PROCEDURES FOR THE PRECISE DETERMINATION OF THERMAL RADIATION PROPERTIES.
Technical rept. for 1 Nov 64-31 Oct 65,
NATIONAL BUREAU OF STANDARDS GAITHERSBURG MD
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The broad overall objective of this continuing program is to develop equipment and procedures for measuring the important thermal radiation properties of materials, particularly those used in aircraft, missiles and space vehicles, at temperatures up to the melting point of the most refractory material, and to develop physical standards for checking such equipment and procedures. During the period covered by the report the specific objectives were 1 continued development of the laser-source integrating sphere reflectometer, 2 an error analysis of the shallow cavity technique for measuring normal spectral emittance, and 3 a study of the feasibility of preparing emittance standards for use at temperatures above 1400K about 2000F. An error analysis of the shallow cavity technique for measuring total normal emittance of ceramic materials at very high temperatures showed that there was an error due to the translucency of the specimens that was as much as 60 for alumina, and a second error due to thermal gradients in the specimen that was on the order of -10. Two new techniques were devised in the hope of greatly reducing the translucency error. Progress was made in developing codes to compute and correct for the thermal gradients present in the specimen. The laser-source integrating sphere reflectometer for measuring reflectance of specimens at very high temperatures was extensively redesigned to eliminate errors due to flux reaching the detector on the first reflection, and to convert the reflectometer from the substitution to the comparison mode. Author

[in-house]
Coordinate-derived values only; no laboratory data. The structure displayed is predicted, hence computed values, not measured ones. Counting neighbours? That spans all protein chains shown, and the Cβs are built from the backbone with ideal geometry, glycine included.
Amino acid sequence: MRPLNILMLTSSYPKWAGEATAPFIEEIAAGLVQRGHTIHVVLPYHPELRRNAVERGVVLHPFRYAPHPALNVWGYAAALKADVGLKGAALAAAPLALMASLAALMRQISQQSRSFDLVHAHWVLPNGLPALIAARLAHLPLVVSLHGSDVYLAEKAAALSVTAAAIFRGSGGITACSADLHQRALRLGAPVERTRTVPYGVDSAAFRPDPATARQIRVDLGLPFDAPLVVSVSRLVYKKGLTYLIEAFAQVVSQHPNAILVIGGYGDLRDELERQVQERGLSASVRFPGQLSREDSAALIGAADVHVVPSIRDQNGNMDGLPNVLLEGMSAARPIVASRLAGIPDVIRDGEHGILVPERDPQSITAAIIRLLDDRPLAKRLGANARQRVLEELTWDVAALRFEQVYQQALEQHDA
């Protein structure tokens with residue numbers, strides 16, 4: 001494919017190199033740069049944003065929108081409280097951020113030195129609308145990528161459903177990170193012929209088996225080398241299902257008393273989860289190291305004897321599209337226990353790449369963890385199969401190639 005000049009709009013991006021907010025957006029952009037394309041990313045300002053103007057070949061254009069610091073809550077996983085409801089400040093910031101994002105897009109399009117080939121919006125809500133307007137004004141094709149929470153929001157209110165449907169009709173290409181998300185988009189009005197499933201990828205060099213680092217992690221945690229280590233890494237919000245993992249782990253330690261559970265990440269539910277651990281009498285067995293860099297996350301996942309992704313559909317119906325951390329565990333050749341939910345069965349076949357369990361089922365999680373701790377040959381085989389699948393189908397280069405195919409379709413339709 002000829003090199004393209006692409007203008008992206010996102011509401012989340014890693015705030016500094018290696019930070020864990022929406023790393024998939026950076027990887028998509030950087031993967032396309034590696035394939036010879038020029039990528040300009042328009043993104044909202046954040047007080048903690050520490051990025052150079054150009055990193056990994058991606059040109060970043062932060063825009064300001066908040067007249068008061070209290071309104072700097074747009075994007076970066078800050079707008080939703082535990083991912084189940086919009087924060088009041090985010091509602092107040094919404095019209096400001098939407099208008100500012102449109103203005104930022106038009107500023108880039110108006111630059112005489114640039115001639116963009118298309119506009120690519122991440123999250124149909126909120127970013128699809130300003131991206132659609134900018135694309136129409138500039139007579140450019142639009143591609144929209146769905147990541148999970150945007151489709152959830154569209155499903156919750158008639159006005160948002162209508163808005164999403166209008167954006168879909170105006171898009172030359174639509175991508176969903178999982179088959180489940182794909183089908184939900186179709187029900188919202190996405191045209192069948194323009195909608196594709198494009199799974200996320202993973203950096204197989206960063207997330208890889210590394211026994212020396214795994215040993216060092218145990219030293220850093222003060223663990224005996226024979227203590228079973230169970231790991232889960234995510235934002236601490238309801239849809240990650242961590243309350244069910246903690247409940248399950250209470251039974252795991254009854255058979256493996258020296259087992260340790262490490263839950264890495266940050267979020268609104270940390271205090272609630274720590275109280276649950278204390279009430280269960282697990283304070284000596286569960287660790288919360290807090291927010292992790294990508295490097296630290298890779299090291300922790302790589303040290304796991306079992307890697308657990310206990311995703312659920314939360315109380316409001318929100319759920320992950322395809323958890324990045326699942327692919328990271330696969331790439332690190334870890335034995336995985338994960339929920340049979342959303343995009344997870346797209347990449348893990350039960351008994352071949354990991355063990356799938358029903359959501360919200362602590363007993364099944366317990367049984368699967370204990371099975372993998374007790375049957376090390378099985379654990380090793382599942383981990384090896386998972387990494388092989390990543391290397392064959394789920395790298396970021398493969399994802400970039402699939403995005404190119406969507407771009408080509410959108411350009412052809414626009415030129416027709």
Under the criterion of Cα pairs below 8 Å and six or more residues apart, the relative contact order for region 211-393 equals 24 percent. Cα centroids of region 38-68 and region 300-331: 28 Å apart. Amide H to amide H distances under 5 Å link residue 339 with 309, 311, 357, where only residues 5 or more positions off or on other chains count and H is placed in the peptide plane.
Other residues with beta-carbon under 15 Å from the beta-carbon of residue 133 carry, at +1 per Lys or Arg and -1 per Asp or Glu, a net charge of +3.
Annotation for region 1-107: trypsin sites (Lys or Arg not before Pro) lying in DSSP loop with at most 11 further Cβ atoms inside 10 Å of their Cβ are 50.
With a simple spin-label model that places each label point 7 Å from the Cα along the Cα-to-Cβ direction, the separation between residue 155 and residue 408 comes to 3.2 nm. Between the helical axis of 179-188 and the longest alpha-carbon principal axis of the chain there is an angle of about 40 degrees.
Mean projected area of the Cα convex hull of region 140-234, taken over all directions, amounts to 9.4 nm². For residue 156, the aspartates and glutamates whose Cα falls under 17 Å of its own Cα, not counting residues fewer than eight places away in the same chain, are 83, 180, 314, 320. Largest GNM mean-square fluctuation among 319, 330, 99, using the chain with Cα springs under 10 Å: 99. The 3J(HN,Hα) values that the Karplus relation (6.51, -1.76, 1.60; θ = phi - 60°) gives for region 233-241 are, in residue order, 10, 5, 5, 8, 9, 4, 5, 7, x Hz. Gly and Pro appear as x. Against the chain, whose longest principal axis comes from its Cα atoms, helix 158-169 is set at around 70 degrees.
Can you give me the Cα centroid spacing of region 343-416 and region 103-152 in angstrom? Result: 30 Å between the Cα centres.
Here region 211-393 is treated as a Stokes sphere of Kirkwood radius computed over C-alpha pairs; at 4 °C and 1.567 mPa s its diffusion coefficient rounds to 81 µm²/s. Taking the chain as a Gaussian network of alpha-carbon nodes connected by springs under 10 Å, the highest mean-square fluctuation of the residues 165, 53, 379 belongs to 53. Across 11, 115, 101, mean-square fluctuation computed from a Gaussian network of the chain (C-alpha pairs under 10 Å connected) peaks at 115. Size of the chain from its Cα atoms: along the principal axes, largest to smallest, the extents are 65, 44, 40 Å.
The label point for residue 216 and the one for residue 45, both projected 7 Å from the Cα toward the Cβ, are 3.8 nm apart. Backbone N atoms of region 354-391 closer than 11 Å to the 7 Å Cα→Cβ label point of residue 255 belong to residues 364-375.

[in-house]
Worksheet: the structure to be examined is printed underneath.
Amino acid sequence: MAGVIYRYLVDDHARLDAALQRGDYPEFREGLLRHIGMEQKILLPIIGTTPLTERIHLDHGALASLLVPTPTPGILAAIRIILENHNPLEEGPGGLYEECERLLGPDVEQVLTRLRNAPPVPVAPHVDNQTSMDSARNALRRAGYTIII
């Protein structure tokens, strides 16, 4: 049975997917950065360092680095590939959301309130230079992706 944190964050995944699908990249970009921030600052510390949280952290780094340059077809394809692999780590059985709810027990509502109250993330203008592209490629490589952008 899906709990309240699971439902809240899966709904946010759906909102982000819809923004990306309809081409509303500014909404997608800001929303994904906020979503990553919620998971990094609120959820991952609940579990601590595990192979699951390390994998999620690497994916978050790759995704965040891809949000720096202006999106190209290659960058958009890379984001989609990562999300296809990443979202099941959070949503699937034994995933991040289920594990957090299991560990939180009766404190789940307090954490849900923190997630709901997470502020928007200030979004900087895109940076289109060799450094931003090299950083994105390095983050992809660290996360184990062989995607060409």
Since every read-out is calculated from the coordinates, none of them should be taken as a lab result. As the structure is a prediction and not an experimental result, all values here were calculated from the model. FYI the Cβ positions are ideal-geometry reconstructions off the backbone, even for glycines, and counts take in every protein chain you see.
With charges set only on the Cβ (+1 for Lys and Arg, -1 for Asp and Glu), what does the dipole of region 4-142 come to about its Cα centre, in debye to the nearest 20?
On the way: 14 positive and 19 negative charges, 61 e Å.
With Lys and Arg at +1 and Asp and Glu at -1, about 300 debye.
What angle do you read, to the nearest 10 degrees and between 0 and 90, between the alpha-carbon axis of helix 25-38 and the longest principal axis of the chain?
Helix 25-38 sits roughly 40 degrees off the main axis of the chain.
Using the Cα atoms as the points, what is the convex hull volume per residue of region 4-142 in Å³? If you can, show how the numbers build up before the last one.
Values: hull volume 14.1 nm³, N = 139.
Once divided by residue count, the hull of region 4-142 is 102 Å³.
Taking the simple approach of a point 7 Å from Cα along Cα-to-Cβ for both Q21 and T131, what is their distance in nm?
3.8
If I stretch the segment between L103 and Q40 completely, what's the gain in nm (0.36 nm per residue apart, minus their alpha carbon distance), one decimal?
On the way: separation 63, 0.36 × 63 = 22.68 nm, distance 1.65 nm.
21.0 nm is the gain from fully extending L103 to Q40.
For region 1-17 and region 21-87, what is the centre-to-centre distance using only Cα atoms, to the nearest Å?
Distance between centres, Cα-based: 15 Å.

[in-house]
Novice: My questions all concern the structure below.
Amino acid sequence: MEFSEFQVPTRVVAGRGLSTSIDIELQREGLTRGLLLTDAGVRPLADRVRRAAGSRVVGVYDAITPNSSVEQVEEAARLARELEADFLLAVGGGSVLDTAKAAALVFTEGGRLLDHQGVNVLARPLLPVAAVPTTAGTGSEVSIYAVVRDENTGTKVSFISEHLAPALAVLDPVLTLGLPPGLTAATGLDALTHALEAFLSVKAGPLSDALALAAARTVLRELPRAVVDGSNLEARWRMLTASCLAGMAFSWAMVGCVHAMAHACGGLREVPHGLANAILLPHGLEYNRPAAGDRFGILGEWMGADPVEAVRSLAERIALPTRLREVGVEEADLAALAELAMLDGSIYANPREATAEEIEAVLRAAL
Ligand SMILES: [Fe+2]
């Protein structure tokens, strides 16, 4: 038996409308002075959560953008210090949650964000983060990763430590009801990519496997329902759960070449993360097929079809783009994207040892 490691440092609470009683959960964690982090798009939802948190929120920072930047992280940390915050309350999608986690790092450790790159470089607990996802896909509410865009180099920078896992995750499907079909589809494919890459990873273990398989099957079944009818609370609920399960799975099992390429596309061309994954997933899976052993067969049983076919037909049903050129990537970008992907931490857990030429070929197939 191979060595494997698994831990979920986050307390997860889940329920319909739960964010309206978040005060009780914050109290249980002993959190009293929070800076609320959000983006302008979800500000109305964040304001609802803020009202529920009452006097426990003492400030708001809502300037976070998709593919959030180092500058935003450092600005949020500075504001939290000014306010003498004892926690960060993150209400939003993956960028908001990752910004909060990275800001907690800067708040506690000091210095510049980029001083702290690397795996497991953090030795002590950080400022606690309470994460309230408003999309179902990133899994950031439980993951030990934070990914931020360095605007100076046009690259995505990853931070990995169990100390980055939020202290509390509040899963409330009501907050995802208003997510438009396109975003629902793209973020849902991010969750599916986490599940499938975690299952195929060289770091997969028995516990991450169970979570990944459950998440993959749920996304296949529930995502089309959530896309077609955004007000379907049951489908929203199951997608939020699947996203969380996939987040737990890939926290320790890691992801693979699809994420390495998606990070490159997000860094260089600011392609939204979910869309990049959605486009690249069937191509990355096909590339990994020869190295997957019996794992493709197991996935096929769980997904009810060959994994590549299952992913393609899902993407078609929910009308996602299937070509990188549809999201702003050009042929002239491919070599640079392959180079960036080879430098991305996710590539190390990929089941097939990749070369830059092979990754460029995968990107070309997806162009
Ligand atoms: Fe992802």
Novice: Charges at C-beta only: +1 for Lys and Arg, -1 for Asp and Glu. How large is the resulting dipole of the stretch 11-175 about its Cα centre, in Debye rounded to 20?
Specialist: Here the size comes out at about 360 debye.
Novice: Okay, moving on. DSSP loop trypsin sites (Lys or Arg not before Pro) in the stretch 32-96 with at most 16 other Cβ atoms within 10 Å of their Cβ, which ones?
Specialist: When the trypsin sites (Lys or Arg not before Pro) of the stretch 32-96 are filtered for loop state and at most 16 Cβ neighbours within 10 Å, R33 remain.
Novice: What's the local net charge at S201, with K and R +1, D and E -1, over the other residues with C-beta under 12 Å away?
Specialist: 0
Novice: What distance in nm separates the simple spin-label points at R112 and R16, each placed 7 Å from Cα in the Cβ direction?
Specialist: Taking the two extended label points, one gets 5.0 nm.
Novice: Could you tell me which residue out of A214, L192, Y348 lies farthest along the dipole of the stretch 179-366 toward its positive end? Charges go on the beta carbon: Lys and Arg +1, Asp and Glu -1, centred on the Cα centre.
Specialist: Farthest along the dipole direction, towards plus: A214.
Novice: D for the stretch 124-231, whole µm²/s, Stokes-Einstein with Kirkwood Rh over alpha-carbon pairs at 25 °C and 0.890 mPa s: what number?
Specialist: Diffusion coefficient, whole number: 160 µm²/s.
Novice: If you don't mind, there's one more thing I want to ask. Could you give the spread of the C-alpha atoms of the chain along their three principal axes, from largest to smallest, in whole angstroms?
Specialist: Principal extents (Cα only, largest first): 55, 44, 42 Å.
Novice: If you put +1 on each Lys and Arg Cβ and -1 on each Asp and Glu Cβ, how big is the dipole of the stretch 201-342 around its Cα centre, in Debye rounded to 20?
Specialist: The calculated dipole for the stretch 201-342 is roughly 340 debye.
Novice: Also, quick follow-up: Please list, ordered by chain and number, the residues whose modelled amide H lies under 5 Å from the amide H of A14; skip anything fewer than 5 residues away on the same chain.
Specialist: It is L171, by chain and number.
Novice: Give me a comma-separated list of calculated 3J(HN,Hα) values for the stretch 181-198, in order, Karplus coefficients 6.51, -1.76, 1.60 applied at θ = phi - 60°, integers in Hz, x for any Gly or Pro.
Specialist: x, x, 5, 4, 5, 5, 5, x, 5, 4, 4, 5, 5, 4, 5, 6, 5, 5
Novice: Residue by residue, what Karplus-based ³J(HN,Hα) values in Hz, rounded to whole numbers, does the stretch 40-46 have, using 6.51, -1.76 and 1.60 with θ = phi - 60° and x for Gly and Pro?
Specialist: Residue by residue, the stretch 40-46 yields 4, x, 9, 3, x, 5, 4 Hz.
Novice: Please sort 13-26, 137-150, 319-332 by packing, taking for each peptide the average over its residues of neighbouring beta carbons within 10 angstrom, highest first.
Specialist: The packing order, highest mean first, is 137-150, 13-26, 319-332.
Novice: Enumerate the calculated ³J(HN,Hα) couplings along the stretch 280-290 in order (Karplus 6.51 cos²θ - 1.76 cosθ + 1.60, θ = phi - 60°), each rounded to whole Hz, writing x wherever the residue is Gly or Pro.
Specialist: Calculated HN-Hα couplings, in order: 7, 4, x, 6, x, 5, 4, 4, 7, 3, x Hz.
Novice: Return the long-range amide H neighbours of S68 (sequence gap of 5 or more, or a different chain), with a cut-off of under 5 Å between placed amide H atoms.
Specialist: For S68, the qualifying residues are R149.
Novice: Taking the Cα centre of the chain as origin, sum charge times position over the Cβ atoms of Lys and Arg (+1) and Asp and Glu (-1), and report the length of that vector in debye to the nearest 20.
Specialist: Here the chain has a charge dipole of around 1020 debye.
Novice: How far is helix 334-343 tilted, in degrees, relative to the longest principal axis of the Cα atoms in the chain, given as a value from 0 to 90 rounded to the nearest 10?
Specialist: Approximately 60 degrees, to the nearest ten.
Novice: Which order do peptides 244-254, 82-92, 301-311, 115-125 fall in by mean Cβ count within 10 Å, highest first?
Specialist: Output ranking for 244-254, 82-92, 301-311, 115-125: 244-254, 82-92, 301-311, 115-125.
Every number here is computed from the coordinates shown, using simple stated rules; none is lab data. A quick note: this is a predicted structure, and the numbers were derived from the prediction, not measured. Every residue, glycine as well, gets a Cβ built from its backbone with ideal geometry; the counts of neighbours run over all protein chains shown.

- Ceramics, Refractories and Glass
- Test Facilities, Equipment and Methods